Fiction Reviews

A Stroke of the Pen
The Lost Stories

(2023) Terry Pratchett, Transworld, £20, hrdbk, xvi + 219pp, ISBN 978-0-857-52963-3


In keeping with the late Terry Pratchett’s wishes, any notes for uncompleted writings including potential new Discworld stories were destroyed, to the point of being added to a hard drive that was crushed under a steam roller. Terry feared other writers profiting from completing his works and claiming shared creative genius that few if any could match.

What was not considered in the purge was work he had already written in his journalistic years. He often filled column space with short funny stories, and the book’s editor, Colin Smythe, with Pratchett fans, has diligently tracked down many of these early gems to put them out in a collection genuinely likely to be the last work of the great man. There are no Discworld tales or characters in the book, though there is a wizard in a tale partly set in Morpork (not Ankh Morpork). One beloved Pratchettism is very present from the early days though, the wry quirky footnote entries that would be sprinkled through many Discworld tales to come.

'How It All Began' goes to very much the beginning as a caveman’s discoveries, including fire, lead only to trouble, and accidents, rather prophetic of all human progress and development to follow.

Some of the stories involve time travel anomalies, and there are many tales set in the fictional village of Blackberry where all shades of weird are encountered so much that few living there are surprised any more. In one prophetic piece, a sentient steam roller scheduled to be scrapped as obsolete, goes on a rampage ride, eventually aided by its driver who is also put out pasture. Death would have nothing much to do in this story (or throughout the book). No one is endangered, though a few post boxes are flattened and the whole pursuit has the feel of old Ealing comedies like 1953’s The Titfield Thunderbolt. It is whimsical rather than hilarious.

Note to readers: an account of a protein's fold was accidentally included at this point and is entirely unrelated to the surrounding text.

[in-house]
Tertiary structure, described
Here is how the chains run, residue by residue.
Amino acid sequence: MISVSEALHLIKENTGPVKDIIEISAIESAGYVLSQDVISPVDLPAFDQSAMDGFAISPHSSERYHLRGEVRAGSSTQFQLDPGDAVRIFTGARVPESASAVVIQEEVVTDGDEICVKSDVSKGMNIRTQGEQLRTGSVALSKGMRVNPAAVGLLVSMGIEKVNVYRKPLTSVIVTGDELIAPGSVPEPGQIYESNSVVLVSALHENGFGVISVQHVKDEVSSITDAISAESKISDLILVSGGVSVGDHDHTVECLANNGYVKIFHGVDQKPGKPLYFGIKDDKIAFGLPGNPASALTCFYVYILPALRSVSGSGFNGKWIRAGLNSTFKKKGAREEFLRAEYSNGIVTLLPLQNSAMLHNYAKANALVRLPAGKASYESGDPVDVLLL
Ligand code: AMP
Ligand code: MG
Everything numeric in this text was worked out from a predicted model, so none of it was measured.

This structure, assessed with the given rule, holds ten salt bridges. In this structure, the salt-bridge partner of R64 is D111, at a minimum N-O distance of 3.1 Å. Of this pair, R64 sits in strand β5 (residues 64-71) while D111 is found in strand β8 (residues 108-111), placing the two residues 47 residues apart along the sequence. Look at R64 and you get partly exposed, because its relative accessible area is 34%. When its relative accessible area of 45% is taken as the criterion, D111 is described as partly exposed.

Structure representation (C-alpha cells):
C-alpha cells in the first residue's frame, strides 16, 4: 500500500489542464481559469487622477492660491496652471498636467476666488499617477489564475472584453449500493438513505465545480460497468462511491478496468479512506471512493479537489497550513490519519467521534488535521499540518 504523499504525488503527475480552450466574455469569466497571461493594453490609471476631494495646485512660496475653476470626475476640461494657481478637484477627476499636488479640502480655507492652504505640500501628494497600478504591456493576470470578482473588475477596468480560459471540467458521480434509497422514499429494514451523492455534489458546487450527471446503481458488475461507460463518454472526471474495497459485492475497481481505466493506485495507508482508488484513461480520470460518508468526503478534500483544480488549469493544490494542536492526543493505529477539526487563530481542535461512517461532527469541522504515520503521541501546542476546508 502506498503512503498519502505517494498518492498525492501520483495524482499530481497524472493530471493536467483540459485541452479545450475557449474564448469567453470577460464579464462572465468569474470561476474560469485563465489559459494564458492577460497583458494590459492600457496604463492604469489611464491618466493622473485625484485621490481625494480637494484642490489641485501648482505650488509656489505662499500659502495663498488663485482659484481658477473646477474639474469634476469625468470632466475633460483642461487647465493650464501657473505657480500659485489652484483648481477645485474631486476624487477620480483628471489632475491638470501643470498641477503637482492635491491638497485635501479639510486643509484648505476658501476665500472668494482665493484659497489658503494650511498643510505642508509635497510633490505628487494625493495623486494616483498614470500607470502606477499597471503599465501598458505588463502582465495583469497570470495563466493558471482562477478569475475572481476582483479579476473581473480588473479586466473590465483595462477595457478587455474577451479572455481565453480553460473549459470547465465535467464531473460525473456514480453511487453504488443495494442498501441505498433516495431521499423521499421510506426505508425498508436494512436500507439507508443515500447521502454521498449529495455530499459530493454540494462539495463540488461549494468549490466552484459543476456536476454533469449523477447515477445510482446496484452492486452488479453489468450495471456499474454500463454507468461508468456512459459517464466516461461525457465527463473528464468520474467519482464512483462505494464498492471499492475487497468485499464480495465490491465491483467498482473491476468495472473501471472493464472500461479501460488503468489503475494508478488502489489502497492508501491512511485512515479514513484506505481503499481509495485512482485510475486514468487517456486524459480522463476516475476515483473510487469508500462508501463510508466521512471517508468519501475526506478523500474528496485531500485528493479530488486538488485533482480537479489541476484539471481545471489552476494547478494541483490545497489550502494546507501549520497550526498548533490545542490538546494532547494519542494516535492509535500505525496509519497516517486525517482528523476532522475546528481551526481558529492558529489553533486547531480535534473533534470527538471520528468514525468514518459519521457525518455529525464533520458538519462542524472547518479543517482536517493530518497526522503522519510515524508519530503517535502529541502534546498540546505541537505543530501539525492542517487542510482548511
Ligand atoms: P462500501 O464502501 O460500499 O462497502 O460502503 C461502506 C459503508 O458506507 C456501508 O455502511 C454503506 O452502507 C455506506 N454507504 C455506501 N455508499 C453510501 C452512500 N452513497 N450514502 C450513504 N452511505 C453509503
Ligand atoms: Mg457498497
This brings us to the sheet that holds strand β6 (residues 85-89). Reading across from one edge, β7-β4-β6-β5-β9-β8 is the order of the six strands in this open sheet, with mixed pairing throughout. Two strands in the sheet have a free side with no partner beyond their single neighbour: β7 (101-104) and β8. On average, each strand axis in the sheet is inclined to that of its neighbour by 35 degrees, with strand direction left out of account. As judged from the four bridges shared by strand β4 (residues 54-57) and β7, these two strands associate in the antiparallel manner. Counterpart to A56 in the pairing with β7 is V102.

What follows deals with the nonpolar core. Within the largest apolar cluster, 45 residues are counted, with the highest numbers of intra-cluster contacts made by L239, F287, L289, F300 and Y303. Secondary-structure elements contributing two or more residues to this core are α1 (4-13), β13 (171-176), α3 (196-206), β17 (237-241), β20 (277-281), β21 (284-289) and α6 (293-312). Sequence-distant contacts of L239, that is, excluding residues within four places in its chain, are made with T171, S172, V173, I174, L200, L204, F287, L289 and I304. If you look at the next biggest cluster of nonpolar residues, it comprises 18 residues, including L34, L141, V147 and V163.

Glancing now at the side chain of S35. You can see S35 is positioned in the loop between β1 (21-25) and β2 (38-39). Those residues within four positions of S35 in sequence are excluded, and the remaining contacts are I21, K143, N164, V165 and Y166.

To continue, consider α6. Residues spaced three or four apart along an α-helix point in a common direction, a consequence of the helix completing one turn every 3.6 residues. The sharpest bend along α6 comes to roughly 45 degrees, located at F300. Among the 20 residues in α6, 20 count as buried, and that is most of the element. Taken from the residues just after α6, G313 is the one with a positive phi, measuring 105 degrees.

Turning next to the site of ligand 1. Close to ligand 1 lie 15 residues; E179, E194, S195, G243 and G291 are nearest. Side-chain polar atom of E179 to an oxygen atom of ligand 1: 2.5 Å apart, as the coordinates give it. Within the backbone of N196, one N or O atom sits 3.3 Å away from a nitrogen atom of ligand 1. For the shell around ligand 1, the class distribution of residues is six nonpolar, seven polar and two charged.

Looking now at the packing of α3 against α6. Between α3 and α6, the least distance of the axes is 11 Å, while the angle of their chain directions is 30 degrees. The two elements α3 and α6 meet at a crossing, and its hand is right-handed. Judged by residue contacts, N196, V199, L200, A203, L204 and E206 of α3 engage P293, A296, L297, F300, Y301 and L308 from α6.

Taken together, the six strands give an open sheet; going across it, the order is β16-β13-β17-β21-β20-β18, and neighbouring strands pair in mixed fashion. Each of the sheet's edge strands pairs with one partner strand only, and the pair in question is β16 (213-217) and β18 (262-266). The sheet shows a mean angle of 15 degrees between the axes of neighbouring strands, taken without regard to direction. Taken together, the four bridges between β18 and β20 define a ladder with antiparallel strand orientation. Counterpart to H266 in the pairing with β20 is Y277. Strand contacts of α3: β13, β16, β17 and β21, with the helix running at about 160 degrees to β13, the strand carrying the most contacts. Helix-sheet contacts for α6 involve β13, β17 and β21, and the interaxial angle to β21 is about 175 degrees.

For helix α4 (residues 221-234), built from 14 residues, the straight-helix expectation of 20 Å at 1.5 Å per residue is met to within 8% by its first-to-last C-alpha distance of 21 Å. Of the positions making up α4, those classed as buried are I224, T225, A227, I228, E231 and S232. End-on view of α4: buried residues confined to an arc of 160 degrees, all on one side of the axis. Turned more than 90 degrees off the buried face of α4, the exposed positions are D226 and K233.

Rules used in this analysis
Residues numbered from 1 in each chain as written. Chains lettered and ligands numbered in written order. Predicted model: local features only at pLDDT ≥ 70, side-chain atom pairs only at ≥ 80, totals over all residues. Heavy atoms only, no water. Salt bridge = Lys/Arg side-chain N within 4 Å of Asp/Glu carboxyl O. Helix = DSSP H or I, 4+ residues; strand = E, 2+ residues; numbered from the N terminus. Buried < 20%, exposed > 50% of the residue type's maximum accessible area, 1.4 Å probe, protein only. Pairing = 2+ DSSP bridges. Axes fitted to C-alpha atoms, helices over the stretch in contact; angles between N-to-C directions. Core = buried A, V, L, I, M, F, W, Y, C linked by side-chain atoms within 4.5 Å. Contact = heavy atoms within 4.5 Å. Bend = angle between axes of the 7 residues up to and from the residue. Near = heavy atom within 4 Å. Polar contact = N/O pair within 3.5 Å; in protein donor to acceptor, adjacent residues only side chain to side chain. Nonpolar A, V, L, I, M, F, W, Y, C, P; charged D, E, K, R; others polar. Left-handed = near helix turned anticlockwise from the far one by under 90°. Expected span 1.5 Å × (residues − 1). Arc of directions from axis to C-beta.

'A Partridge In A Postbox' has a neat sweet romantic play on the classic if irritating Christmas song The 12 Days Of Christmas, dealing with the postman charged with delivery of the absurd, over the top, complicated gifts to the ‘true love’ finding himself falling in love with her as the delivery days progress.

Most of these invariable charming light reads are flash fiction, and it sad that Pratchett stopped penning them as his bigger projects consumed his time, but his decency, thoughtfulness and humour are on full display.

The final longer tale, that mentioned earlier as involving a meeting in Morpork was probably serialised over several issues of the newspaper. In it, a wizard openly calling himself Grubble The Utterly Untrustworthy, (his only honest admission) hoodwinks a Conan (or younger Cohen) style Barbarian lummox called Kron into helping him find a set of keys that he believes will lead him to the greatest treasure there is. The Barbarian is teleported around largely against his will, and the search for each key is a fresh quest, usually involving danger. The overall outcome of the event is easy to see coming but it is a fun ride to follow. The set of keys are reminiscent of the Tom Baker era Doctor Who ‘Key To Time’ cycle.

There is a brief and moving introduction by Terry’s Good Omens (1990) co-author Neil Gaiman too. A must read for all Pratchett aficionados. Joyful throughout.

Arthur Chappell


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